By Kendra Okonski
In his latest book, Collapse: How Societies Succeed or Fail, Pulitzer Prize-winning author Jared Diamond attempts to explain how a number of small, isolated societies, from Easter Island to Greenland, destroyed their environments and disappeared. A chapter of the book is devoted to a modern-day "microcosm" illustrating many of these problems: the state of Montana. Diamond says that the state's environmental problems "include almost all of the dozen types of problems that have undermined pre-industrial societies in the past, or that now threaten societies elsewhere in the world as well."
Kendra Okonski, a native of Montana who now lives in England, doesn't accept Diamond's treatment of Montana. In this essay, "Montana: On the Verge of Collapse?" she argues that Diamond has misread Montana's history and misunderstands its environmental conditions and their causes. Her essay is published as part of a series sponsored by the DuFresne Foundation and the M.J. Murdock Charitable Trust. The goal of the series is to examine ways to reconcile the changing demands for use of the West's natural resources. Okonski's essay is adapted from an article published in the journal Energy & Environment.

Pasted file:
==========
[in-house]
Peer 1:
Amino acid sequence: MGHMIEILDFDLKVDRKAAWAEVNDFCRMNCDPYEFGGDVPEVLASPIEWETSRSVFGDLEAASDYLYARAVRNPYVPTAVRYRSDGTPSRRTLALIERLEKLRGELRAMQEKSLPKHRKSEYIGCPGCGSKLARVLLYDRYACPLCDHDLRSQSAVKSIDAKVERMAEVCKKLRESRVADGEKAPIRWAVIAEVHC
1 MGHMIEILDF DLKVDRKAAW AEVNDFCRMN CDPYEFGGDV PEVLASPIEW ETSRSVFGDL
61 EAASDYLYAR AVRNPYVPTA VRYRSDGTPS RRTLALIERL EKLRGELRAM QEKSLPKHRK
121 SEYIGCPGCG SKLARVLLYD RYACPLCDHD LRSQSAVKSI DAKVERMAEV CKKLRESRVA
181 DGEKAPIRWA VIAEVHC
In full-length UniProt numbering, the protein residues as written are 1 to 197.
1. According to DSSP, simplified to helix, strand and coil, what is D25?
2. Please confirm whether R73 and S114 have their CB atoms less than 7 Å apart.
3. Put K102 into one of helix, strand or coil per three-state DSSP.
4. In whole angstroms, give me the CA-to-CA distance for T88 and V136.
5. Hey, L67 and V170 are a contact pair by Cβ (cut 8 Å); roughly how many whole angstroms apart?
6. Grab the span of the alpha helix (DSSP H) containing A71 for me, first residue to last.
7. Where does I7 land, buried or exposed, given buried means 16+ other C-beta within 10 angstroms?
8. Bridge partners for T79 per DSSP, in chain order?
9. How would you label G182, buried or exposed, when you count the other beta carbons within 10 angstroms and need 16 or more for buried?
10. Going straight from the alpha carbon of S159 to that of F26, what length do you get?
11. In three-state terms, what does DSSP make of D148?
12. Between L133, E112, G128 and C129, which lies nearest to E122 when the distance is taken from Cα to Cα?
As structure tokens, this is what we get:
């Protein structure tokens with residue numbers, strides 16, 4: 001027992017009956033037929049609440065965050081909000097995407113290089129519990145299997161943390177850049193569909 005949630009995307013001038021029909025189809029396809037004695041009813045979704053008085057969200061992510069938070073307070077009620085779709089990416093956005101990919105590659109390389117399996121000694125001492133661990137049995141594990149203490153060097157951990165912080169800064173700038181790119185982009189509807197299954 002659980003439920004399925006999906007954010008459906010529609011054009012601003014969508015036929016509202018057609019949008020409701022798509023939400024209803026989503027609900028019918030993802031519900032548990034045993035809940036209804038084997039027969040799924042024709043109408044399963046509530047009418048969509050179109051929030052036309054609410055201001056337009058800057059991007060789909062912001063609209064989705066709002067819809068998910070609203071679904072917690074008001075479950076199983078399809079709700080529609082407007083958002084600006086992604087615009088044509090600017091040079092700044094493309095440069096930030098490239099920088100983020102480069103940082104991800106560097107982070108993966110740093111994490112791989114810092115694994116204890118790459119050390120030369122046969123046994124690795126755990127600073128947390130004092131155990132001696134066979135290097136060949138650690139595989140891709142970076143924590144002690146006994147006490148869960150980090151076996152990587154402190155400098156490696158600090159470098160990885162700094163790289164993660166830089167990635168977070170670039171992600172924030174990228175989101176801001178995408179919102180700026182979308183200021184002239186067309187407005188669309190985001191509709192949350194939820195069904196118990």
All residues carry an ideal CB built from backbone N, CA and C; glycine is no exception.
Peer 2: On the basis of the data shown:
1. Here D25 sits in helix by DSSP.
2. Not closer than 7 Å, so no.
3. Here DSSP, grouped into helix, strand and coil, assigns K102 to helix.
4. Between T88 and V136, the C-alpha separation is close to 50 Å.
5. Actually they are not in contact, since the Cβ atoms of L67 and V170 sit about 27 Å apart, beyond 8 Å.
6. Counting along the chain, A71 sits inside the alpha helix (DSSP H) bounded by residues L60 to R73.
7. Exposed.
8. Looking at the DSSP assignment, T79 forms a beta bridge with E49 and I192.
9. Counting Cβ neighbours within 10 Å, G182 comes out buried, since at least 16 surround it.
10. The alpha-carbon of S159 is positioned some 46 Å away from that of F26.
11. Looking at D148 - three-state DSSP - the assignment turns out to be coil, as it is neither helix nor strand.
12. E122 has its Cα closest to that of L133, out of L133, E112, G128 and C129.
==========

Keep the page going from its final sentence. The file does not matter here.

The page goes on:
Since 2001, Okonski has been the environment program director for the International Policy Network, an institute based in London. She is editor or coeditor of several books, including Environment and Health (2004) and Adapt or Die (2003), and is a fellow of the Royal Society for the Arts. Previously, Okonski worked as a researcher at the Competitive Enterprise Institute in Washington, DC. She has a degree in economics from Hillsdale College.